Turf Battles Expected in Government Reorganization
July 7, 2008 - 8:28 PM
(CNSNews.com) - In a nationwide address Thursday night, President Bush announced what he called "the most extensive reorganization of our government since the 1940s,"one that will give his Office of Homeland Security cabinet-level status.
"Tonight, I ask the Congress to join me in creating a single, permanent department with an overriding and urgent mission: securing the American homeland and protecting the American people," Bush said.
Press reports said the new Department of Homeland Security would be second only to the Pentagon and the Department of Veterans Affairs in terms of the number of employees.
It would take the following agencies under its wing: Coast Guard, Secret Service, Federal Emergency Management Agency, Immigration and Naturalization Service, Customs Service, and the new Transportation Security Administration.
If Congress approves the plan, the new Cabinet agency would be responsible for border and transportation security; emergency preparedness and response; bioterrorism countermeasures; and protection of the infrastructure.
The president said the country faces "an urgent need and we must move quickly this year before the end of congressional session."
When the news broke on Thursday, various reporters suggested that President Bush was making the announcement now to deflect attention away from various congressional hearings on U.S. intelligence failures that happened on Bush's watch.
But the White House said the planned government overhaul has been in the works for months.
Sen. Ted Kennedy (D-Mass.), whose friendship Bush repeatedly has lauded, questioned the need for a major government restructuring: "The question is whether shifting the deck chairs on the Titanic is the way to go," Kennedy reportedly said on Thursday.
Other lawmakers, including Democrats, were supportive of Bush's proposal.
Devil's in the details?
On Friday, the day after Bush formally announced his intention to reorganize the government, there was speculation about the plan's details and the turf battles that would inevitably ensue in a town where no one gives up power willingly.
The CQ Daily Monitor , a briefing on congressional activities, quoted lawmakers as saying that Bush's proposal "will pit committee chairman against each other in a fight to claim a leading role in forming and overseeing the new department."
According to the Daily Monitor , lawmakers agree that the Senate Governmental Affairs Committee, headed by Sen. Joseph Lieberman (D-Conn.) and the House Government Reform Committee, headed by Rep. Dan Burton (R-Ind.) would be the two committees responsible for turning Bush's proposal into law.
Burton took the lead Thursday night: "As chairman of the committee responsible for government reorganization, I look forward to working with the president and the administration on bipartisan legislation to restructure the government so that a well-calculated response to protecting America's homeland will be put in place."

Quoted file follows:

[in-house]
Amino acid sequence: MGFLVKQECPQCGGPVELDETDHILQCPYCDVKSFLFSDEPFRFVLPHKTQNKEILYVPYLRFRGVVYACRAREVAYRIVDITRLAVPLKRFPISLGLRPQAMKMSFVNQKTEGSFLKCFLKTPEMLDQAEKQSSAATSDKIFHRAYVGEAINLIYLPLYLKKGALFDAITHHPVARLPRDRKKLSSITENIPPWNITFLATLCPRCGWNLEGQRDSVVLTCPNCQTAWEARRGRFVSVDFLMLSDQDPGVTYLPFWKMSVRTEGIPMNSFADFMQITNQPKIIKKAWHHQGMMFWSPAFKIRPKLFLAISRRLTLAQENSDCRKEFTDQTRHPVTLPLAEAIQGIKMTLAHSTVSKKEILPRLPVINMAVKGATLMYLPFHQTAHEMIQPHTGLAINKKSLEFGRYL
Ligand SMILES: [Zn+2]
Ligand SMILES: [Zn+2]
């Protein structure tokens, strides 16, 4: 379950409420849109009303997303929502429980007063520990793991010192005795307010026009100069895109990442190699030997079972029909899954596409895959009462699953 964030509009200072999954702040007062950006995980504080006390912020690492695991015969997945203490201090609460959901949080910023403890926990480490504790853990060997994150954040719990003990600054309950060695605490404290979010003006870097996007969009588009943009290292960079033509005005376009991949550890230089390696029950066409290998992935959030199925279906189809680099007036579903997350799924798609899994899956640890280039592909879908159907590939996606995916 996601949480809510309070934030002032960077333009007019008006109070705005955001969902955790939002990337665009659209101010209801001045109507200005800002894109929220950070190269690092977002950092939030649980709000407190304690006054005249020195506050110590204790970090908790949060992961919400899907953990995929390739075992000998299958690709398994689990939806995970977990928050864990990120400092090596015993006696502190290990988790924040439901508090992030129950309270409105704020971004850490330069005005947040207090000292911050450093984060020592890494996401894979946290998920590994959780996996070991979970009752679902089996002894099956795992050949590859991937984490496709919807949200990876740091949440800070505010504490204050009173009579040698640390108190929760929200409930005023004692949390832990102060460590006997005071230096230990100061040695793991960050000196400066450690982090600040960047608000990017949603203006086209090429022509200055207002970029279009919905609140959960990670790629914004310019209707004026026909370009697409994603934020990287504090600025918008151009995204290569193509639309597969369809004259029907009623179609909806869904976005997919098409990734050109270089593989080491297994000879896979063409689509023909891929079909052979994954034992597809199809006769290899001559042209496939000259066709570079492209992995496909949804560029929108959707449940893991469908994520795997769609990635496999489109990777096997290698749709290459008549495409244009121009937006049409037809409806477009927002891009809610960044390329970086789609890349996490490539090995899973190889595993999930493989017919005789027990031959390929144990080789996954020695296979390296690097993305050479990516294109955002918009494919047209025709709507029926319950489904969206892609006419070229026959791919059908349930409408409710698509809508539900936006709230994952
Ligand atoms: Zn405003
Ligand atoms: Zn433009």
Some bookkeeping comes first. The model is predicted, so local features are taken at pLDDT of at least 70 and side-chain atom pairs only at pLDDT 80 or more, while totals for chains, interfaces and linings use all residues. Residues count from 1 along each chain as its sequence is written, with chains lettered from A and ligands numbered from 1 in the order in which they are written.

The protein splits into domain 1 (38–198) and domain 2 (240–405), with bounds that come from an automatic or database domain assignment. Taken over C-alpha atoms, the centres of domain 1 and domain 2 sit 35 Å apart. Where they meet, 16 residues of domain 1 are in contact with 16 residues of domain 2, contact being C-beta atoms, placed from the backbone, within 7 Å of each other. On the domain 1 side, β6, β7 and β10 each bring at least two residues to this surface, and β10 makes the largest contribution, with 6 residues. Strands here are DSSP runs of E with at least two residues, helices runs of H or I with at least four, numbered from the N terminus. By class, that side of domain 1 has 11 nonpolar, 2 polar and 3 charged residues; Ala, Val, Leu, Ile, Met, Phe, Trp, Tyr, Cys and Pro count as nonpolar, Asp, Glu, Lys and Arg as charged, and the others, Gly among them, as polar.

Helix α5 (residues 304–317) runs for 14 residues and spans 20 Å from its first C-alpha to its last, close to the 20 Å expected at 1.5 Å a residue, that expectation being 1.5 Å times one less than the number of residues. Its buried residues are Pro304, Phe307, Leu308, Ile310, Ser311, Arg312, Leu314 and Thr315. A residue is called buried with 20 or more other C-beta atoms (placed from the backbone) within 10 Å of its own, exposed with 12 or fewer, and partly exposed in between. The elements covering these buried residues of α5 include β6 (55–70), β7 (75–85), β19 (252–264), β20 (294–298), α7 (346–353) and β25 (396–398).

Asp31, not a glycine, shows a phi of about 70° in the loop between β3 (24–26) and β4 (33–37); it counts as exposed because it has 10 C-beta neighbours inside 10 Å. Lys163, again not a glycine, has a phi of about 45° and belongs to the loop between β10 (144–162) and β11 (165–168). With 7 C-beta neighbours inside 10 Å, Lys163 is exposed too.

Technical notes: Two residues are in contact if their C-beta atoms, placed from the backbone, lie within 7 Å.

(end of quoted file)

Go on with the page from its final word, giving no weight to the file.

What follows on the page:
The White House reportedly will send government overhaul legislation to Congress later this month.
Reaction from the homeland
Boston Mayor Thomas Menino, president, U.S. Conference of Mayors, said his group supports the president's government reoganization proposal.
"We believe this new plan will help improve coordination and cooperation. We hope it will also improve intelligence information sharing. We will continue to work with the Administration and Congress to bring much needed federal resources directly to cities and our first responders," he said in a statement.
Newspapers generally positive
Liberal newspapers such as the Washington Post on Friday said President Bush "set the right course" by elevating the Office of Homeland Security to Cabinet status. The newspaper's lead editorial also urged Congress to "take a hard look at the specifics of the proposal."
But in general, the Washington Post editorial congratulated President Bush, saying his proposal "is significant most of all because it recognizes that the threat of terrorism is not transitory."
However, in a front-page "news analysis," the Washington Post described Bush's proposal as "a bid to regain the initiative." The news analysis noted that Bush is no longer immune to questions and criticism about what happened before and after Sept. 11.
The New York Times suggested that Bush's proposal is an attempt to deflect criticism of his administration. The newspaper's front-page headline on Friday read, "Bush, As Terror Inquiry Swirls, Seeks a Cabinet Post On Security."
In its "news analysis," the New York Times said the White House was moving "to regain initiative" (same phrase the Washington Post's news analysis used), now that its intelligence lapses are under scrutiny.
A New York Times editorial gave Bush grudging criticism: "President Bush belatedly but wisely told the nation last night that an ambitious reorganization of the government was needed to get the job done."
The Times editorial saw one danger with the proposal - "that it might set up new rivalries in a bureaucracy already choking with conflict." The editorial also warned of "new turf battles."